As I have previously mentioned, Anthony Dod Mantle plays a big part in learning about cinematography. Some of his work uses a lot of or all natural light or light sources found on the scene during filming.
A great example of this is the widely acclaimed …28 Days Later. When a scene is filmed in the dark, it only uses the light found on location, like lamps, ceilings lights or big flood lights during the scene. This, coupled with filming with DV & D1 source format gives a great modern homemade digital look.
Apart from the final scene, it was shot on a Canon XL-1S, the same camera that is available form the earliest stages of a current film technology degree course at Staffordshire University.
The lenses used during filming in 2001, give the best possible output to compliment the overall look of the production. Canon EC and EJ Prime Lenses (with Optex adapter) This information was found from a very reliable film source on IMdB
The film that really put Lars Von Trier & dogme avant-garde film making to the forefront of cinema was the Von Trier film ‘Dancer In The Dark’ starring Björk.
Although the film isn’t considered Dogme in it’s final production, most of the film producction techniques and technologies are shared with Von Trier’s trademark Dogme95 stamp. The cinematography from this film is like no other major film that was mae at the time. Winning the top Cannes Film Festival prize, the Palme d’Or in 2000.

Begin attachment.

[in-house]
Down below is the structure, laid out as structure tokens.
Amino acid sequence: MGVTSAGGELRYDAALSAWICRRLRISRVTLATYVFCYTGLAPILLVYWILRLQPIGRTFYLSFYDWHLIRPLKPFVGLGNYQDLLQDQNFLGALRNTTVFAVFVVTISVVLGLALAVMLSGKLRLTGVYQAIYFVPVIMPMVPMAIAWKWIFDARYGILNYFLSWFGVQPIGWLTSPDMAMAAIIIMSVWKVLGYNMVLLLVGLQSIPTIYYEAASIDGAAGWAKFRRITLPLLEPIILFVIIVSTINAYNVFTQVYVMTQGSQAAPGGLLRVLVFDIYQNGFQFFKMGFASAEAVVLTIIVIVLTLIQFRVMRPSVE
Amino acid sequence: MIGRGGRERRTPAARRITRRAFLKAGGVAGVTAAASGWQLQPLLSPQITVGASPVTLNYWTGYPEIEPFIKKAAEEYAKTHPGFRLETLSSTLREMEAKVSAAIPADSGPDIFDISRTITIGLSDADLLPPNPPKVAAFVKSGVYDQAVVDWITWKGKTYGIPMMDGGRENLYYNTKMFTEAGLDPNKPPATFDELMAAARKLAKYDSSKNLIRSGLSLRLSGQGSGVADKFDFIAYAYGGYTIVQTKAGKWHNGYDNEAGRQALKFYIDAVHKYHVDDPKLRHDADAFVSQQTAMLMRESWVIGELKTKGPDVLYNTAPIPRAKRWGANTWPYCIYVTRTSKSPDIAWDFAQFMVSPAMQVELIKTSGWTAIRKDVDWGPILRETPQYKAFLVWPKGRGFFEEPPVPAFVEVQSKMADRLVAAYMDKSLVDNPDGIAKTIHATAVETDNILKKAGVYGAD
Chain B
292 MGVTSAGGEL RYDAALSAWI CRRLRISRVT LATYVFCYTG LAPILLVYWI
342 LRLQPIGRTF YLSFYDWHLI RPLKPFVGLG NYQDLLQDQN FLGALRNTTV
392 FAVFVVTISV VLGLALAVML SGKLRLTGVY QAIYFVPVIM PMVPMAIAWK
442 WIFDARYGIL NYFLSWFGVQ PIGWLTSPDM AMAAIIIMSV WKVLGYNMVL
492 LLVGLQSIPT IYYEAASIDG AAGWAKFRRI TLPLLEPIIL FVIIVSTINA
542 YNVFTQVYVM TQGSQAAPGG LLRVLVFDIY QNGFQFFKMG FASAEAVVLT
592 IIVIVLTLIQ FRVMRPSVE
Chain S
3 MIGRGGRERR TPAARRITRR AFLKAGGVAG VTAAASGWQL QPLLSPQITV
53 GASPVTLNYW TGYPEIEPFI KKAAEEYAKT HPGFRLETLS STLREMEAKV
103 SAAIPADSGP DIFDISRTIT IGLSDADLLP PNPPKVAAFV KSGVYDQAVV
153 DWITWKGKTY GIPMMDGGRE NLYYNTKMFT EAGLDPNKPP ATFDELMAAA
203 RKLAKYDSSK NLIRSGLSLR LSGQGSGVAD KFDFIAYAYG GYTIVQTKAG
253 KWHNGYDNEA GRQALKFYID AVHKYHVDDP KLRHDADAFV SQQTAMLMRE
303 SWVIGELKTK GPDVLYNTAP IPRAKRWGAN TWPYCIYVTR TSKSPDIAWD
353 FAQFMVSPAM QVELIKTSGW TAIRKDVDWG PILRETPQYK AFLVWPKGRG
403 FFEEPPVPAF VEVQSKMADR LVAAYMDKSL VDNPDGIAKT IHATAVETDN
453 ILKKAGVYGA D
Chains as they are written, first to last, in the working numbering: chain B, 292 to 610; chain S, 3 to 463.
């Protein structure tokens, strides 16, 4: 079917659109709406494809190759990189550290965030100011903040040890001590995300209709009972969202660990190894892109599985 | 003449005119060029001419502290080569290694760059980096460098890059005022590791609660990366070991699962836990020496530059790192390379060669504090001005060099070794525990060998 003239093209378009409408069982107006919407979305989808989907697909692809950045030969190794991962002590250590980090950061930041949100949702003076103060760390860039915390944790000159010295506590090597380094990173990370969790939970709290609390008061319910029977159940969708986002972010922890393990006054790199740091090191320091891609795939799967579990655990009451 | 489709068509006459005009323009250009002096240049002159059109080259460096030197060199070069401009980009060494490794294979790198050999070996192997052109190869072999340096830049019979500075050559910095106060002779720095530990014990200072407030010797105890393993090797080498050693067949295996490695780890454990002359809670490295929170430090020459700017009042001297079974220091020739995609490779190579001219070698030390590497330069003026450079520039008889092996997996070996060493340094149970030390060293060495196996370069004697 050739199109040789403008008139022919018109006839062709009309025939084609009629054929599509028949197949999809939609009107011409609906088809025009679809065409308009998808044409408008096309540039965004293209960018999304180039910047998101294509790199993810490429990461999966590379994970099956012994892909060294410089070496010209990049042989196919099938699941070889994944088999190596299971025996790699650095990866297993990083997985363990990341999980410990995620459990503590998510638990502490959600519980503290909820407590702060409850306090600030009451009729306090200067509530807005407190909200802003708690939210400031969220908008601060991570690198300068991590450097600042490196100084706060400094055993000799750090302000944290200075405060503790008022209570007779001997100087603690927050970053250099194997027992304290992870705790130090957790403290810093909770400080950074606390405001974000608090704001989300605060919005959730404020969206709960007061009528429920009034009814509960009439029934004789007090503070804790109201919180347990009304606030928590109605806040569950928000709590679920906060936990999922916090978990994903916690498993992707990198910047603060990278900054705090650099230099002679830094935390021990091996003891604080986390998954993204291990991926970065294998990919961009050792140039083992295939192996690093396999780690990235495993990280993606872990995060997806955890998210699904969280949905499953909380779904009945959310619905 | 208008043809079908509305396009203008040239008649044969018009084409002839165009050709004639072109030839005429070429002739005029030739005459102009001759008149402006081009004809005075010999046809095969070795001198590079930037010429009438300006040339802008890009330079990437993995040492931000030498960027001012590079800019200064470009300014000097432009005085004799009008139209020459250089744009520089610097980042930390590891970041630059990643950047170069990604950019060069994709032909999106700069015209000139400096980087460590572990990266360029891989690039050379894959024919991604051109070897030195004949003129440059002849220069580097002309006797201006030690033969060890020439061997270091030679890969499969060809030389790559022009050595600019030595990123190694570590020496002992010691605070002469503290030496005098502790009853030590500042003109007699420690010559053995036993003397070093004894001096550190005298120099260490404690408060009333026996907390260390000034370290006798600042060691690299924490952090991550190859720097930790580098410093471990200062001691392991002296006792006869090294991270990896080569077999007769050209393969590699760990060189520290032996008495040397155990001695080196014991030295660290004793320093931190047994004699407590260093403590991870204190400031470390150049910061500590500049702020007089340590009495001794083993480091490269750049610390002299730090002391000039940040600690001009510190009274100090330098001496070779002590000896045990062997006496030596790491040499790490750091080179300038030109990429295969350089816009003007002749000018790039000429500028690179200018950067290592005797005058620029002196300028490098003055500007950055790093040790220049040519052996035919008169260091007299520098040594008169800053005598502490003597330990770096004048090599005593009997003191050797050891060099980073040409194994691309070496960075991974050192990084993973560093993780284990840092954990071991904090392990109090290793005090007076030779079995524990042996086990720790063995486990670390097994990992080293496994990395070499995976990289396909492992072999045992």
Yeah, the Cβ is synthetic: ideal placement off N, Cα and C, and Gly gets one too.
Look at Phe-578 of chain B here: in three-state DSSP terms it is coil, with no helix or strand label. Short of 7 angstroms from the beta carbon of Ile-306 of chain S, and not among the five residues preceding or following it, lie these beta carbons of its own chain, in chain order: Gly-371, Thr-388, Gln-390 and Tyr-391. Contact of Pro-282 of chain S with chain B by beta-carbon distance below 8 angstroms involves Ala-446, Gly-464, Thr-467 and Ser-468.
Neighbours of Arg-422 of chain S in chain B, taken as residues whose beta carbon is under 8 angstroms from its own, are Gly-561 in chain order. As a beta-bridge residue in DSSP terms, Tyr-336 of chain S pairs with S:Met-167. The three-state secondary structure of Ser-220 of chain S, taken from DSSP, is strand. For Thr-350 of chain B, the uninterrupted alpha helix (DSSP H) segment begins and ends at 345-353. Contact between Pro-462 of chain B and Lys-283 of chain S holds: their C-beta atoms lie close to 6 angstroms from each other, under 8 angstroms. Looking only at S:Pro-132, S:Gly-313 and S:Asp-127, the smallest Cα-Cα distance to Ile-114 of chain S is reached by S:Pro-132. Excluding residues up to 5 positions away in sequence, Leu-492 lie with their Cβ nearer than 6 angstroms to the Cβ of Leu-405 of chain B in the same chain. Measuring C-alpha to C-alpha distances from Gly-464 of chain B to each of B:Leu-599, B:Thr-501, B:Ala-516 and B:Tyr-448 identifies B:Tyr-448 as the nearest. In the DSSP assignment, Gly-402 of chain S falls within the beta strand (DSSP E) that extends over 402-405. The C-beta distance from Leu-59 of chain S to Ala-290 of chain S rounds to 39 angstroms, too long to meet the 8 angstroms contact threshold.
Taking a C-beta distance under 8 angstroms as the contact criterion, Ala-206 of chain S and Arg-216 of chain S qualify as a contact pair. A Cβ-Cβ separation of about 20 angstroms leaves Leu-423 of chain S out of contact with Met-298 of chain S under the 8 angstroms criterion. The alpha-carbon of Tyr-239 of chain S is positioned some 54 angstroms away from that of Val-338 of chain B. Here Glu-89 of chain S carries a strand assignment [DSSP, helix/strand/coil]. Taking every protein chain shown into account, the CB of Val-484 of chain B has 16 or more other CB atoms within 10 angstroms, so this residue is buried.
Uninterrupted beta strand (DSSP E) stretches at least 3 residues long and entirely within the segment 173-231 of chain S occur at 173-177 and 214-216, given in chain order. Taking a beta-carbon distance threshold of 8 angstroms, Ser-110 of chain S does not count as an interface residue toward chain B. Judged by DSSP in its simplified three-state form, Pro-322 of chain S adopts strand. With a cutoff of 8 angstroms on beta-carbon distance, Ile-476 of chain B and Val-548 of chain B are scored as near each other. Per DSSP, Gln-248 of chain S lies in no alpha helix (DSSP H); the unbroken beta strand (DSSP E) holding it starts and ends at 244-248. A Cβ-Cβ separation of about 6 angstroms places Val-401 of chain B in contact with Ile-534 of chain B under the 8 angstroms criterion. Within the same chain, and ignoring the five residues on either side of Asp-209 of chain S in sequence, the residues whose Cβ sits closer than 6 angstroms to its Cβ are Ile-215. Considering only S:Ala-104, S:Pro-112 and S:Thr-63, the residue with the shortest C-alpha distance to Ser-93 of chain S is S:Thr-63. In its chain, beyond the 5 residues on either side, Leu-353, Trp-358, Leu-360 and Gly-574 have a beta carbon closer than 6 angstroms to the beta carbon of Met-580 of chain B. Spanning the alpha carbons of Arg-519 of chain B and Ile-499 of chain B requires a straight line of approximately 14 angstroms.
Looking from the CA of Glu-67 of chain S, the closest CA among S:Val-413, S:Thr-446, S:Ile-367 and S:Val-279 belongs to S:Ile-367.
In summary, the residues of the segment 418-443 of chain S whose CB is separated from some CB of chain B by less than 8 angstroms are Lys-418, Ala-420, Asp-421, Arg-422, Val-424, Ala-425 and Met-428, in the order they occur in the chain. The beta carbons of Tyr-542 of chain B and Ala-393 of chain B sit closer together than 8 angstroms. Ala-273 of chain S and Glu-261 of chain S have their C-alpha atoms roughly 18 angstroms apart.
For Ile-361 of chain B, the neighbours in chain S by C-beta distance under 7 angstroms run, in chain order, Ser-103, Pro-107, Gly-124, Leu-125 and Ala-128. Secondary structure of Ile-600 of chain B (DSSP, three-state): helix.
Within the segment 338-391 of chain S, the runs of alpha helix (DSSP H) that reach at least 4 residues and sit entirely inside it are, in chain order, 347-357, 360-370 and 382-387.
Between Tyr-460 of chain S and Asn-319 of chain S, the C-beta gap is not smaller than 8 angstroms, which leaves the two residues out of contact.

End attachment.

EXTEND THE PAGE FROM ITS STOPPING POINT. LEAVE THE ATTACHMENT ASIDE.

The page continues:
Going back to another Von Trier film, Dogville brought together both the creator of Dogme and a very well respected cinematography at the time, Anthony Dod Mantle (28 Days Later… , Slumdog Millionaire)
Von Trier being his own camera operator whenever he shoots a film, Dod Mantle provided a good direction as to how to film such a clean film like Dogville, which was effectively shot on a sound stage.
That will be very hard to do as the lighting is great and hard to capture naturally flowing character within the composition.
A large part of Dogme, is capturing everything on camera in it’s maximum lighting conditions as close to the human eye as possible.
After looking through a few Dogme films, a hidden theme or style was noticable. The way they are shot and put together make’s it feeel the camera is following the characters and trying to keep up, rather than the camera being set-up around the characters.
That could be the way the story is told or written, but the camera reacts to actions & characters on camera that don’t look staged.
This revolutionary style of film-making is seeping ever more into mainstream film & TV.
You could argue that recent TV hits such as “The Only Way Is Essex”, “The Hills” & Made In Chelsea” have adopted a dramatic realism tone to how they are conveyed on screened.
Southland, a hit US TV cop/gang drama has also found a niche in the way it directs it’s actors on screen.
Much of it can be only visible when producing a really tight edit that flows in the dogme style.
Although, most of Dogme95 film making is ignored in big budget films & TV to make way for non-dogetic music, foley, impossible shots that require a lot more than just capturing the image & sound.
Melancholia, the most recent Lars Von Trier film has a lot of dogme elements in, but contains a great amount of foley, non-digetic material, visual fx and cinematography that break Dogme95.